The Baltic Region

2022 Vol. 14 №1

The development of border regions7

Towards a classification of transboundary tourist and recreation mesoregions in the Baltic region

Abstract

In the wake of the Covid-10 pandemic, the Baltic region saw a dramatic reduction in tourist flows in 2000—2021; the decrease was as much as tenfold in some destinations. This study aims to classify the 16 transboundary tourist and recreational mesoregions of the Baltic region according to 2019 tourist flows. The research evaluates, for the first time, the 2020—2021 decline in tourist flows across these regions. The main outcome of this study is grouping the mesoregions into three orders according to the size of 2019 tourist flows. Four mesoregions were assigned to the first order (with over 500,000 arrivals), three of them located in the southwest Baltic region; nine, the second order (from 100,000 to 500,000 arrivals); three, the third order (from 50,000 to 100,000 arrivals). The most substantial fall in tourist flows occurred in 2020—2021 in the mesoregins including Sweden and Russia and the least marked in those involving Denmark, Germany, Finland, Estonia and Latvia. The findings may help track the future restoration of transboundary tourist flows in the countries of the Baltic region.

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Cross-border digitalization of the western border of Russia: potential and prospects

Abstract

Border regions are significant geostrategic territories, which long-term sustainable development is one of the priorities of Russia’s national security. The specificity of their economic-geographical position necessitates the development and implementation by the authorities of special governance approaches aimed at finding a balance between the openness and barrier function of the state border. One of the most common tools for the spatial development of border areas is the sustainable cross-border cooperation with the regions of neighboring countries using various froms of cross-border cooperation, incl. focused on the generation and diffusion of innovations. The covid-19 coronavirus pandemic, having become a truly global challenge of our time, has made significant changes not only in the policies of many countries regarding the border, but also in the functioning of already established cross-border regions. The impossibility of fully implementing the previous formats of interethnic and interregional interaction has necessitated the search for new forms of cooperation, primarily based on the use of rapidly developing digital technologies. This led to the growth of academic and practical interest in substantiating the mutual effects of digitalization, innovation and internationalization for the regions. This article is devoted to assessing the potential and prospects of cross-border digitalization of the Western borderland of Russia. The objectives of the study were to identify the gap between border regions in the level of accessibility and penetration of digital technologies, as a significant condition for the formation of cross-border digital connections. The object of study is 15 subjects of the Russian Federation and 17 regions of NUTS 2 neighboring states. Using geoinformation and statistical methods of analysis, a typology of regions by the value of the digitalization index is proposed, with the allocation of leaders, moderate and lagging regions, and an assessment of their spatial location relative to the state border. Possible reasons for the current digital inequality, primarily of a socio-economic nature, are discussed. The determining role of the institutional factor in realizing the potential of cross-border digitalization has been substantiated. It is concluded that political efforts for digital convergence in the western direction are being undertaken only between Russia and Belarus, although further intensification is required.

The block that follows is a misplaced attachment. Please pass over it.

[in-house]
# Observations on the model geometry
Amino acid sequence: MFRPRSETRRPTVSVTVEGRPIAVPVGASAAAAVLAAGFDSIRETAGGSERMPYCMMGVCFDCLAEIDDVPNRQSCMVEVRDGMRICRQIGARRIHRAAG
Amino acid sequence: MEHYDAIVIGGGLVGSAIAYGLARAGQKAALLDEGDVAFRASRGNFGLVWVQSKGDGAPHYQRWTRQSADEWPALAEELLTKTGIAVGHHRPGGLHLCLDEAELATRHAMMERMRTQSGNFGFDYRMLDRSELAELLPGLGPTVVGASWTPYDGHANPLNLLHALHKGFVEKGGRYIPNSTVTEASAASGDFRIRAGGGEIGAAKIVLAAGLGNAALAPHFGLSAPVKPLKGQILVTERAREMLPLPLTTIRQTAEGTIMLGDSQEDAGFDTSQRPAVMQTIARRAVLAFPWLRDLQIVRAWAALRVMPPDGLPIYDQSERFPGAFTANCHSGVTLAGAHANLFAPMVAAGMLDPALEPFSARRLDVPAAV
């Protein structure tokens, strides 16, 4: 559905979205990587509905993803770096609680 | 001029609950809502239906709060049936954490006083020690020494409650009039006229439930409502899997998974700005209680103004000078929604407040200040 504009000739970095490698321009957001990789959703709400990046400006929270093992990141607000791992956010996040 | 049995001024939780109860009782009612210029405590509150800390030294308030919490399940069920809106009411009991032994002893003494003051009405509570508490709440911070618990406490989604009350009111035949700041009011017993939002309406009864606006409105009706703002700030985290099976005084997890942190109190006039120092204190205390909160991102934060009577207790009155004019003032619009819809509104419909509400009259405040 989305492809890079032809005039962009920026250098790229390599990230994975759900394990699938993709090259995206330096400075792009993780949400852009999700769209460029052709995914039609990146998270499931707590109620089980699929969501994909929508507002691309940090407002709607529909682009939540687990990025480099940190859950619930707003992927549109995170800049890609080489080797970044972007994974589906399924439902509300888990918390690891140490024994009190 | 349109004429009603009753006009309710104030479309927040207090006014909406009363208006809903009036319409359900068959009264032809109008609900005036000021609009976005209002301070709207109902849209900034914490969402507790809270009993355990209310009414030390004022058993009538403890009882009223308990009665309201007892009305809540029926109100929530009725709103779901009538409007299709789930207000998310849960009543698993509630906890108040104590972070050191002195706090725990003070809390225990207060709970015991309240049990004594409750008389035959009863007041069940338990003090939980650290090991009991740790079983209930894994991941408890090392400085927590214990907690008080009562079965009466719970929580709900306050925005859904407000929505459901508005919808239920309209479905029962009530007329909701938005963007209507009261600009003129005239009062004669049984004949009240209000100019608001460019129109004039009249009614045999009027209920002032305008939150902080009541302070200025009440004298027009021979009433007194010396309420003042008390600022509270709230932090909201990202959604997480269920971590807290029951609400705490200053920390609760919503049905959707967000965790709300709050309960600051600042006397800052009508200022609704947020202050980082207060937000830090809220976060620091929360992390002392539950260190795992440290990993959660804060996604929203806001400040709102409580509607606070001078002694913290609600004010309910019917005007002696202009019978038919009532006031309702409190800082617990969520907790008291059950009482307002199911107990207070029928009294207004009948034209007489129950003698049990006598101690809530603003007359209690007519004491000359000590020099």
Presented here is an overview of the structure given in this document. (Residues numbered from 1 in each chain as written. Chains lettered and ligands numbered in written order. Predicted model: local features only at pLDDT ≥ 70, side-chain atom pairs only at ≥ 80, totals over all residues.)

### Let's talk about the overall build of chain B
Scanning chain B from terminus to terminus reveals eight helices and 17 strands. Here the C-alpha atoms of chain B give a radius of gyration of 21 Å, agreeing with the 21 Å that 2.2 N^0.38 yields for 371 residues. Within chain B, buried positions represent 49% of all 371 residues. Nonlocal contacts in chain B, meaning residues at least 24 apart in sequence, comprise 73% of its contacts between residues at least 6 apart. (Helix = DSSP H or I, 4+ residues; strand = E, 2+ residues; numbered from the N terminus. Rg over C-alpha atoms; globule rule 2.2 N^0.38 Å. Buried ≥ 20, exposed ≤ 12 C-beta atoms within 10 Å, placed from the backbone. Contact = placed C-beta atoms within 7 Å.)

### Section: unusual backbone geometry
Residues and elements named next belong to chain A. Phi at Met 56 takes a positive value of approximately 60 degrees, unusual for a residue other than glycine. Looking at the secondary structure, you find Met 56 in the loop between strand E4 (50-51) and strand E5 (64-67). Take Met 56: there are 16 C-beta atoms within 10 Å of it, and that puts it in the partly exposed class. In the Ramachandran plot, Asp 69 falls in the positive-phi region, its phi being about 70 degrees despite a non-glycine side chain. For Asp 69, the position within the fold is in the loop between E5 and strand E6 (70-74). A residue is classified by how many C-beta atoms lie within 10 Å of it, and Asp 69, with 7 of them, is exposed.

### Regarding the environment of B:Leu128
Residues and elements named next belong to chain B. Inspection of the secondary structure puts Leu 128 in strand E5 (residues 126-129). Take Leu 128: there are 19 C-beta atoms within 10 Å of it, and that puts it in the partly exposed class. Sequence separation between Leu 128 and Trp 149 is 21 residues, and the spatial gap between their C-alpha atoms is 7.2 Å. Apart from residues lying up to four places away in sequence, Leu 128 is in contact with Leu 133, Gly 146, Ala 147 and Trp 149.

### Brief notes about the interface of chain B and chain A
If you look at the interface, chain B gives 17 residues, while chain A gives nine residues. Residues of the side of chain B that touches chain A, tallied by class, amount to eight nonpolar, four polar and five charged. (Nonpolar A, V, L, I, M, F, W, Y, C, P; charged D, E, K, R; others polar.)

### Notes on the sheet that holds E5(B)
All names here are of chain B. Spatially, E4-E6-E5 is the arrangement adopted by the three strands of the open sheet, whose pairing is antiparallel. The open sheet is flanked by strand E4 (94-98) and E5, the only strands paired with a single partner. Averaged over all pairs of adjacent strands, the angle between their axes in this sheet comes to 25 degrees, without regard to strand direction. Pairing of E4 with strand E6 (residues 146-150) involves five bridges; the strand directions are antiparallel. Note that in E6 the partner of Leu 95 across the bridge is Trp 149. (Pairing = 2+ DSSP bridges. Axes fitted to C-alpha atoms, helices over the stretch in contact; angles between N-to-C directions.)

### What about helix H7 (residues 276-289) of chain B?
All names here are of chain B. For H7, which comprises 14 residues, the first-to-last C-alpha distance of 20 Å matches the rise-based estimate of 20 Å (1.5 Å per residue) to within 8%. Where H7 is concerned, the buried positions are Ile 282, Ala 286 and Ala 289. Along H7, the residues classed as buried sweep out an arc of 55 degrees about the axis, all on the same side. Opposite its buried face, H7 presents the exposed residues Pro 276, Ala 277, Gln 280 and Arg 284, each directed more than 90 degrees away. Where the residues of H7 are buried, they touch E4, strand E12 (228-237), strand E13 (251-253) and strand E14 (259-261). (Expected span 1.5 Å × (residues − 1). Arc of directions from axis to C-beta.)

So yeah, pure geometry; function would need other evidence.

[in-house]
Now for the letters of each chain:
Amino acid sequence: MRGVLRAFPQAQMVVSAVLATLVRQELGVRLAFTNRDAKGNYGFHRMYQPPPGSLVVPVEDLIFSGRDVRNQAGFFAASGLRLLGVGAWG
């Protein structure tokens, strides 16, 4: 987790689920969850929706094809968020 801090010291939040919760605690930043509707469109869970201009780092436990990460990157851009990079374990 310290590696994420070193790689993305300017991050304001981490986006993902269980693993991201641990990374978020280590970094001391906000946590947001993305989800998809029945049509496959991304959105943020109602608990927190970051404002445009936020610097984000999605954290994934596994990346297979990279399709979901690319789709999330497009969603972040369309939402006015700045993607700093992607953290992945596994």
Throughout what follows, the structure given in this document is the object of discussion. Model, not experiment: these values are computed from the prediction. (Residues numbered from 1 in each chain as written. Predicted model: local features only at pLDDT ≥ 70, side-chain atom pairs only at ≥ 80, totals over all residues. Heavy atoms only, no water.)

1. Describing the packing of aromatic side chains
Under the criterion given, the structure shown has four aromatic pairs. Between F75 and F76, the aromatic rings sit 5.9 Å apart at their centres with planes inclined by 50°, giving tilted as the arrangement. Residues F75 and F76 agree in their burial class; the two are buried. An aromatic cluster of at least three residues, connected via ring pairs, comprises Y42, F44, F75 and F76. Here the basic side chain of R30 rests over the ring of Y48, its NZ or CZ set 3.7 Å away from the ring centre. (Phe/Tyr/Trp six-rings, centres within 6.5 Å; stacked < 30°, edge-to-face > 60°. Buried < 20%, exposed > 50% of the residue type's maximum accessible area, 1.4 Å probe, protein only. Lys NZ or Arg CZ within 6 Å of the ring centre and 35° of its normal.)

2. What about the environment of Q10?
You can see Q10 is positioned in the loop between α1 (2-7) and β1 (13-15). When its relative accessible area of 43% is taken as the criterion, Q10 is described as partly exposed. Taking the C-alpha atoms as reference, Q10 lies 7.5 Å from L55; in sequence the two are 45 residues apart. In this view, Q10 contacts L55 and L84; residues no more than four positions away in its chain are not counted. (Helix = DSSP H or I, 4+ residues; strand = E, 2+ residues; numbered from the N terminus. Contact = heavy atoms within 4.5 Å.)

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New opportunities for the Russian Baltic exclave in the context of changes in the country’s geopolitical situation

Abstract

Current geopolitical and geoeconomic changes require a reconsideration of the role of the Kaliningrad region in the Baltic region. This study aims to demonstrate the possible effect of some trends in the development of the neighbouring countries on the future of the Kaliningrad region and make recommendations on the territory’s macrospecialisation. Amid the erosion of the world order, Sergey A. Karaganov calls for moderate isolationism. The Kaliningrad region is an incredibly interesting historical experiment bound to produce unexpected results. The strengthening of Russia, which coincided with the termination of 300 years of attempts to become part of Europe in some capacity, radically affects the functions of the Kaliningrad region. Its unique geographical position and caring attitude to the historical heritage make it a likely outpost of Russia’s soft power. Developing the region as a laboratory of the future, which builds models for the domestic market and exports, will allow the country to benefit from scale, taking advantage of its larger and smaller territories. Higher education may play a leading part in the process. In particular, as conservatism revives, it is time to take another look at the ideas and approaches used when creating Akademgorodok in Novosibirsk.

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